Postpartum Depression in New Mom's After Pregnancy: Overview & Diagnosis

Motherhood brings along an unmatched joy and, at times, cannot be described in words. The happiness of holding your baby in your arms for the first time, the excitement of raising a human! But sometimes, along with this happiness, a feeling of fear, anxiety or depression can also take over. 

According to experts, 70% of new mothers go through baby blues, but one in seven women experience postpartum depression. 

What Is Postpartum Depression? 

After delivering a baby, new mothers often feel an overwhelming sense of restlessness, anxiety, sleeplessness, mood swings, loneliness, worthlessness, and sadness after having a baby. One minute they feel happy, and the next minute they are overwhelmed and start to cry. Feeling like this for a week to 10 days is not alarming. There is no specific postpartum depression definition, but sometimes, these symptoms do not go away on their own and take the form of a mental illness that requires medical help; it is Postpartum Depression (PPD)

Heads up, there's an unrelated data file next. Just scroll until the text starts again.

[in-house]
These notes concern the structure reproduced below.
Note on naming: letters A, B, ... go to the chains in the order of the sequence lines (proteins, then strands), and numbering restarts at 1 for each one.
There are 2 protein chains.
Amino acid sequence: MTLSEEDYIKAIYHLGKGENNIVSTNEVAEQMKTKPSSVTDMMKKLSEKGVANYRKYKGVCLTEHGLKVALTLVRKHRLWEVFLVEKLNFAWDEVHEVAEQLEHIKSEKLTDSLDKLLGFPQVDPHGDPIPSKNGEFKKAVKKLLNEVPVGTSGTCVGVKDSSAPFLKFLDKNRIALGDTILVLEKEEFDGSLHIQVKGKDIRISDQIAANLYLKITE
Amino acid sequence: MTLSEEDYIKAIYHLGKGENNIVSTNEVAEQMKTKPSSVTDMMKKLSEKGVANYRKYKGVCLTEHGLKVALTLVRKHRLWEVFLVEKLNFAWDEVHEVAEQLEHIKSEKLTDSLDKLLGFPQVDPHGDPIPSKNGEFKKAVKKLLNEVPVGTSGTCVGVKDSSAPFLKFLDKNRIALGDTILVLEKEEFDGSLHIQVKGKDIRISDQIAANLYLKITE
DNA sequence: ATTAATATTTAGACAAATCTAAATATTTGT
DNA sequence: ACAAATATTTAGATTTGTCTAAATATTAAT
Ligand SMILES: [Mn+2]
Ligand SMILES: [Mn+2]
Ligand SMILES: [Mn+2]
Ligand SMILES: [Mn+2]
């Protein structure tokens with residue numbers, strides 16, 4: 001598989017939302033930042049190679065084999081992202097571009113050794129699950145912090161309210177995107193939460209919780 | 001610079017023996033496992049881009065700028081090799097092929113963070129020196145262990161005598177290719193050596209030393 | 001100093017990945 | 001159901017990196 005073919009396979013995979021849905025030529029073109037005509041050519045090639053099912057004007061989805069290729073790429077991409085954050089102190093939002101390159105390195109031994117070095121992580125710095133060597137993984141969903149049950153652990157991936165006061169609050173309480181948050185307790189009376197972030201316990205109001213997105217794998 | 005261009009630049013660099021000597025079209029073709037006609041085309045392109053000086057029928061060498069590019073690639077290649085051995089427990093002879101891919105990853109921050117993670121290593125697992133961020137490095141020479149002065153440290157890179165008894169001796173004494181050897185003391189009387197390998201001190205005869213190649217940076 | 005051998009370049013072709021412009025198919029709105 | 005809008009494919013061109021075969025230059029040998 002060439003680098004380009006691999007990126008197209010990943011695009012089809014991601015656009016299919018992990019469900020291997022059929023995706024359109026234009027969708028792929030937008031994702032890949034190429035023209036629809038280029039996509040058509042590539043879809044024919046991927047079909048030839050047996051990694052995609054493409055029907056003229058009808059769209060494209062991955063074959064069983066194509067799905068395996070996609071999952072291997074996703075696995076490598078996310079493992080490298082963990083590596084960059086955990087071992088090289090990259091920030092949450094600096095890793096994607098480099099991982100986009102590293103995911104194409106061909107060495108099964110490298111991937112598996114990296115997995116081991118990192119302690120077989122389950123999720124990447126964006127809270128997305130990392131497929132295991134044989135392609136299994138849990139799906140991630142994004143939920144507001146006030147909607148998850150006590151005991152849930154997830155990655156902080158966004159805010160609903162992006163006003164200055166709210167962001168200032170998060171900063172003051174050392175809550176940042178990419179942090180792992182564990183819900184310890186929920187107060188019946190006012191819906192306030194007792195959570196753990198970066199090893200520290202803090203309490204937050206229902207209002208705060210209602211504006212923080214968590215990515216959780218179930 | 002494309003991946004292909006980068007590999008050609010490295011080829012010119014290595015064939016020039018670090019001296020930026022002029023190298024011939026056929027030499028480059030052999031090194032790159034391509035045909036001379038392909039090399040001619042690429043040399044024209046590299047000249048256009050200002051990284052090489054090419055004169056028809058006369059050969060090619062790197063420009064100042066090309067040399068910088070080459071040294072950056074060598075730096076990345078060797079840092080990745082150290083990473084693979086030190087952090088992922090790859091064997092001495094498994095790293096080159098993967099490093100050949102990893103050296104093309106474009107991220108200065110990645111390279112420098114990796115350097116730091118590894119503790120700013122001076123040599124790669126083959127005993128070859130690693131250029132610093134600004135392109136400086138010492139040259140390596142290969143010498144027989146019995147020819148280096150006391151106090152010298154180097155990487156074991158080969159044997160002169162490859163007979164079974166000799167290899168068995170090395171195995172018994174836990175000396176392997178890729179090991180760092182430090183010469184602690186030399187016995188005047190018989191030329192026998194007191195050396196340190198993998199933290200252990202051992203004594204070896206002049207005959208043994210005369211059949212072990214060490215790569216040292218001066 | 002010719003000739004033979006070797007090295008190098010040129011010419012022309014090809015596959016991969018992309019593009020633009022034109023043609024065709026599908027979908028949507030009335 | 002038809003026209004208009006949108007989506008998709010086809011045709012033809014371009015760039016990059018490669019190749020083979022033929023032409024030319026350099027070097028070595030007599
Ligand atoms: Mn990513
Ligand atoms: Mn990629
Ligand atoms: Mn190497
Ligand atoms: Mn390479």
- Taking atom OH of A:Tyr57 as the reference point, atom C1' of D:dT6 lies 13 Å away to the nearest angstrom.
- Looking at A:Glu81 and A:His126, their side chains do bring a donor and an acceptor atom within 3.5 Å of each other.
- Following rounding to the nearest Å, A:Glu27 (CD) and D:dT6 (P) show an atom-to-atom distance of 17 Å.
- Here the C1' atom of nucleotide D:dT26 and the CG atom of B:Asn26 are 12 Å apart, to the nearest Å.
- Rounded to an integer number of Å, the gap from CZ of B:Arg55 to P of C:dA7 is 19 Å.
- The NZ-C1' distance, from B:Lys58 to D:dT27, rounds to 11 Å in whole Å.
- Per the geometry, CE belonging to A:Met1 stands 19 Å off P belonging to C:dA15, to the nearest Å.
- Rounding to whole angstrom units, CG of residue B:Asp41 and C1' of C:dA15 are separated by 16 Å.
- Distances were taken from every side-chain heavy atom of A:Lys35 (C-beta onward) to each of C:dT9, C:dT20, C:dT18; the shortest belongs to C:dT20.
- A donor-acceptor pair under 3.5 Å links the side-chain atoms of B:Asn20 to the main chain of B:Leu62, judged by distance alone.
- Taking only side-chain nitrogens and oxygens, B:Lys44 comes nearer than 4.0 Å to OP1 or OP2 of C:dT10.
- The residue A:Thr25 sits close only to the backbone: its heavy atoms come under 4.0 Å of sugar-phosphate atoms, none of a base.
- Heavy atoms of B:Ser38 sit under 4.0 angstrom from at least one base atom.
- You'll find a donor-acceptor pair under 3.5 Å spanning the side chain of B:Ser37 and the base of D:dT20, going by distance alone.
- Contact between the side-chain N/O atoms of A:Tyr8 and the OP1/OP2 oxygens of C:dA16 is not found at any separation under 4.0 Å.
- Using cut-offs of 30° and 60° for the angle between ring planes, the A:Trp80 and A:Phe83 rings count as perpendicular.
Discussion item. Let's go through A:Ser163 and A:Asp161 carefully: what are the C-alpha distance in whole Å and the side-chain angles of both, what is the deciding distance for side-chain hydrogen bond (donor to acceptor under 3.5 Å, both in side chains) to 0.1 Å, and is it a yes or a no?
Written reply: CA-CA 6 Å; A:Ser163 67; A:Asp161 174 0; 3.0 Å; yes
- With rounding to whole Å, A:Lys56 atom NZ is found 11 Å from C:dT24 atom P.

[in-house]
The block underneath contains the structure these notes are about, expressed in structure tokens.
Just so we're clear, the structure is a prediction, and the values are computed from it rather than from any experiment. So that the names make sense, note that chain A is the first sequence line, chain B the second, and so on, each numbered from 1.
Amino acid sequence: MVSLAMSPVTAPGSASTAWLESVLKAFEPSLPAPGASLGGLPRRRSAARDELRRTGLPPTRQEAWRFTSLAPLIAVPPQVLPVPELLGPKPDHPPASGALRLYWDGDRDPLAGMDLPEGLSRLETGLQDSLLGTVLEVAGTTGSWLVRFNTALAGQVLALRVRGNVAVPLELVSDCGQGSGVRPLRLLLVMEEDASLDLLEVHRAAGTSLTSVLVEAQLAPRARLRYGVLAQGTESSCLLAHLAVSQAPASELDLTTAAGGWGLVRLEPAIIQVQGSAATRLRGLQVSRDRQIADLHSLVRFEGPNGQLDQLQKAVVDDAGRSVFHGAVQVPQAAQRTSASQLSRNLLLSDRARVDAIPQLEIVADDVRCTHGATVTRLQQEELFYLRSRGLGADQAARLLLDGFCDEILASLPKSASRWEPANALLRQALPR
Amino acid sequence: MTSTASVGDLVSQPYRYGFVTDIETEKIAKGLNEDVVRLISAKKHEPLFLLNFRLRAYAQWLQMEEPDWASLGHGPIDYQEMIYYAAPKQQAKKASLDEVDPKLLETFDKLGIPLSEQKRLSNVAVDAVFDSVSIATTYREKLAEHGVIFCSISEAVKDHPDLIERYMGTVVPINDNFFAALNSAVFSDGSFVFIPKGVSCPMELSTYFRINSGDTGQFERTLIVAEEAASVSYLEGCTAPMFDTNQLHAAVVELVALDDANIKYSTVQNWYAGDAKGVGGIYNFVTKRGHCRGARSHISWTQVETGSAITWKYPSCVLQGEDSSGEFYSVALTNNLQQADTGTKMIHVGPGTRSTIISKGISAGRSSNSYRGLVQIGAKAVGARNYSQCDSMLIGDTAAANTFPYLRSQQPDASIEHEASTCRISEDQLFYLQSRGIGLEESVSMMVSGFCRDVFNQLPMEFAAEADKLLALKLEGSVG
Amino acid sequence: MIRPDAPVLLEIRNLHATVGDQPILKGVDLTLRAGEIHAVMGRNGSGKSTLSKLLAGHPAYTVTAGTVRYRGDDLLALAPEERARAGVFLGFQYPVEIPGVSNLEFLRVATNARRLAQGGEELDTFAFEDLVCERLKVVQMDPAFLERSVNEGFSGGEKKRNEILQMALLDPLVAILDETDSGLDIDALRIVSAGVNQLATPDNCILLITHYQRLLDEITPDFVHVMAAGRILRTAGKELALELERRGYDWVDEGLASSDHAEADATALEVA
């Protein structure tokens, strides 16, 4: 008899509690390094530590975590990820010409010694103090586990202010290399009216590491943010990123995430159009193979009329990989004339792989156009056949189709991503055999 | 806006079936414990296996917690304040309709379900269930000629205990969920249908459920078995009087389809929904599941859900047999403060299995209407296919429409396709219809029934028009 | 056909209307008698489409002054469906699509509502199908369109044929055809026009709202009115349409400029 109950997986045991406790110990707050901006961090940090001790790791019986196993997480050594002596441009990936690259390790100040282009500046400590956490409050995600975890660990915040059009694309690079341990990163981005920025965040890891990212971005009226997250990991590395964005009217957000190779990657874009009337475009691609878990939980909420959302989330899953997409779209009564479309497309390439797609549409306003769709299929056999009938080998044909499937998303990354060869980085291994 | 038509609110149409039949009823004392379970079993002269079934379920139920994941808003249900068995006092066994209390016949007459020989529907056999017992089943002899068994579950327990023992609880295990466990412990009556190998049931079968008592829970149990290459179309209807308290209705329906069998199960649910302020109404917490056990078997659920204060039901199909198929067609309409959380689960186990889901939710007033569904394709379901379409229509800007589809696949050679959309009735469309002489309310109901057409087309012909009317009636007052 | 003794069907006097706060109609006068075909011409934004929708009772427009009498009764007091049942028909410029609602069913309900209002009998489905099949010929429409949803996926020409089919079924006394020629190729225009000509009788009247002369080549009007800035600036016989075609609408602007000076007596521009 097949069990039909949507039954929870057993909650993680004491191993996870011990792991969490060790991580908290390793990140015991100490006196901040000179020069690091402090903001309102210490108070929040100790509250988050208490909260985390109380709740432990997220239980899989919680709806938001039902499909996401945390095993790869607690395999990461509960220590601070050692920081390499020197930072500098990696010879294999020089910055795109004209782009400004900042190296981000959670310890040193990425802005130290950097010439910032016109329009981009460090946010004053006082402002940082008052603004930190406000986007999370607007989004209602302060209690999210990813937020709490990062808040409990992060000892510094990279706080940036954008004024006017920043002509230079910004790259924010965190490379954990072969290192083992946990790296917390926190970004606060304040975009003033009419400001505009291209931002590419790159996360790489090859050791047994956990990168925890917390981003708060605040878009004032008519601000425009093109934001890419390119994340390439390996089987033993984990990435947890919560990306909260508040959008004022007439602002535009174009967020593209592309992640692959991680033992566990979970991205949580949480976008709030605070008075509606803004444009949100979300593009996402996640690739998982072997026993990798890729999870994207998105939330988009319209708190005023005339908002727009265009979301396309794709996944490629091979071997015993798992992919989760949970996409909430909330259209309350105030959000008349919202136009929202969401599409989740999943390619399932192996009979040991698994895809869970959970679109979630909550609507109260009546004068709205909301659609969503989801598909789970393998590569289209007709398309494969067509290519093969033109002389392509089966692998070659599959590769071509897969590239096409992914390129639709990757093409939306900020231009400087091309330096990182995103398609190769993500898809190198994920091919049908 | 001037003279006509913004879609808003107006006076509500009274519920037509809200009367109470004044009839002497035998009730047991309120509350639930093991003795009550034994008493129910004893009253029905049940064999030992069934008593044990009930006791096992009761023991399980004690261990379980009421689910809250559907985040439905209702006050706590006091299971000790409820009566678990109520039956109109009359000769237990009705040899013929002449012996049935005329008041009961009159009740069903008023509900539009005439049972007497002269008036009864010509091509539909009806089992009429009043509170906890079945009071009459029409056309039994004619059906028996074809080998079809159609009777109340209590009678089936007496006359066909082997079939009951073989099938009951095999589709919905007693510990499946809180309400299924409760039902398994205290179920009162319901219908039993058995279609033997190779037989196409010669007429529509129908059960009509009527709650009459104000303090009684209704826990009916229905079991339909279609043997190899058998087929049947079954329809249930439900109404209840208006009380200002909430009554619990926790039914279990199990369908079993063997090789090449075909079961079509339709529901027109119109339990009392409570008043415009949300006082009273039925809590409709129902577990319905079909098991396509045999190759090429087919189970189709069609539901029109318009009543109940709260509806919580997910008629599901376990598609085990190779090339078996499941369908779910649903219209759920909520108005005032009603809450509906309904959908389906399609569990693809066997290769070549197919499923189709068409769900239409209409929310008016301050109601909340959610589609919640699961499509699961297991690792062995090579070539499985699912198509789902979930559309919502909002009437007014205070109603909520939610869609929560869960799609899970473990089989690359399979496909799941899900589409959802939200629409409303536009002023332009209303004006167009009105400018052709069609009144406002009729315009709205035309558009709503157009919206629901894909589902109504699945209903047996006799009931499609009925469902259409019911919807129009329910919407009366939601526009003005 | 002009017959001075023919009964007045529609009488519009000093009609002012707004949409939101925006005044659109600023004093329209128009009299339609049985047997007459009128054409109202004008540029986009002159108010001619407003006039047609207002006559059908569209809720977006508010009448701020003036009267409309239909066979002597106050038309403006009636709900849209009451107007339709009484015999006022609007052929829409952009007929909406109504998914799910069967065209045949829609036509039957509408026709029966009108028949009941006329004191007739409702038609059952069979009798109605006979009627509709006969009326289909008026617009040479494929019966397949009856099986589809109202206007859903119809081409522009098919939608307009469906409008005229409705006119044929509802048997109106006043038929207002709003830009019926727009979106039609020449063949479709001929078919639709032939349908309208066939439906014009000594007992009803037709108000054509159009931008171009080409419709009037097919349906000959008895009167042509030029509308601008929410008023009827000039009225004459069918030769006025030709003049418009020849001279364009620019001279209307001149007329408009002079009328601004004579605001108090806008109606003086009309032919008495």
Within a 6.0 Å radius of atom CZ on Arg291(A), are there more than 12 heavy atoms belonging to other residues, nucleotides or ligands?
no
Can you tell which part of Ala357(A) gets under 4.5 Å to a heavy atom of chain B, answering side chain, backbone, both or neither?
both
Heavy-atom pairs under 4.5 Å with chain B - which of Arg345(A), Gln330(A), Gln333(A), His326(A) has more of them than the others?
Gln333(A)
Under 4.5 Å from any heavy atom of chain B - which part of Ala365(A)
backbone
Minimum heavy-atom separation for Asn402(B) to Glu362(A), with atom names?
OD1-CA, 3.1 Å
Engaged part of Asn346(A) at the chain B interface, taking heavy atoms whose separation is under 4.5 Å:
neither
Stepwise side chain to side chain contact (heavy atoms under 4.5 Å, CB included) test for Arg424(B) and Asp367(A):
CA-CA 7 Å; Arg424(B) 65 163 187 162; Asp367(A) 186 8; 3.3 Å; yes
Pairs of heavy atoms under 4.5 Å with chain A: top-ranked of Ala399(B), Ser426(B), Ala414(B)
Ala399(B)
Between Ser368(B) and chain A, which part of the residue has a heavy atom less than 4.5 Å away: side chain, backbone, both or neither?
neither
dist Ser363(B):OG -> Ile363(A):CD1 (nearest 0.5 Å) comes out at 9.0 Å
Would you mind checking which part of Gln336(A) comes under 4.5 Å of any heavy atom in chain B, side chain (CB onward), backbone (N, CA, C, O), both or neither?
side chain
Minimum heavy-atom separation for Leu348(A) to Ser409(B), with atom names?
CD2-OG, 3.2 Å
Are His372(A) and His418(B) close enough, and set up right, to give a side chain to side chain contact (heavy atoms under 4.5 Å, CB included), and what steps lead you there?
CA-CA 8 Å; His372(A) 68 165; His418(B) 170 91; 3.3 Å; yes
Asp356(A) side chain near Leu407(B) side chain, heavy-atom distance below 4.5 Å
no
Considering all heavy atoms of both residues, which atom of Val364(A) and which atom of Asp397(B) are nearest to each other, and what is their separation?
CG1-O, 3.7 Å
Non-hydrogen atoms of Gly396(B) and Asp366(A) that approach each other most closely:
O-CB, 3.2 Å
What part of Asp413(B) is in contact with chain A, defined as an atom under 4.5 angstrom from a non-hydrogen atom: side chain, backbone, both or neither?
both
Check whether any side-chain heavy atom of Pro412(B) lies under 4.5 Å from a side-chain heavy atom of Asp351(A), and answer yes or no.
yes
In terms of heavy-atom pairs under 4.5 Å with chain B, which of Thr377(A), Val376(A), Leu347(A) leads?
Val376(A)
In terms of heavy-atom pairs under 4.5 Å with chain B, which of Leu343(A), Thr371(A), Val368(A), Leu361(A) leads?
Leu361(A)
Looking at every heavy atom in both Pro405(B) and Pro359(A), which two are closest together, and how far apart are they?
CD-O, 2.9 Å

Postpartum Depression Symptoms

The typical symptoms of PPD include experiencing some or all of the following(1

  • ◾ Loss of appetite
  • ◾ Feeling detached or no attachment with the baby
  • ◾ Feeling restless
  • ◾ Feeling anxious, irritable or stressed all the time
  • ◾ Low energy and low motivation
  • ◾ Unexpected weight gain or loss
  • ◾ Frequent crying 
  • ◾ Sleeping less or sleeping a lot
  • ◾ Constant feeling of guilt or worthlessness

In some sporadic cases, some women with severe postpartum depression might also experience symptoms such as thoughts of hurting themselves or the baby or hearing voices and seeing people not present out of paranoia. 

How To Diagnose Postpartum Depression

Any layman is not the right person to diagnose or recommend alternate therapy for treating depression. Instead, a new mother should get a proper diagnosis from a doctor or a practicing psychologist for postpartum depression. So, if a new mother you know is experiencing the symptoms mentioned above, talk to a doctor or a psychologist. Timely diagnosis can help in faster recovery.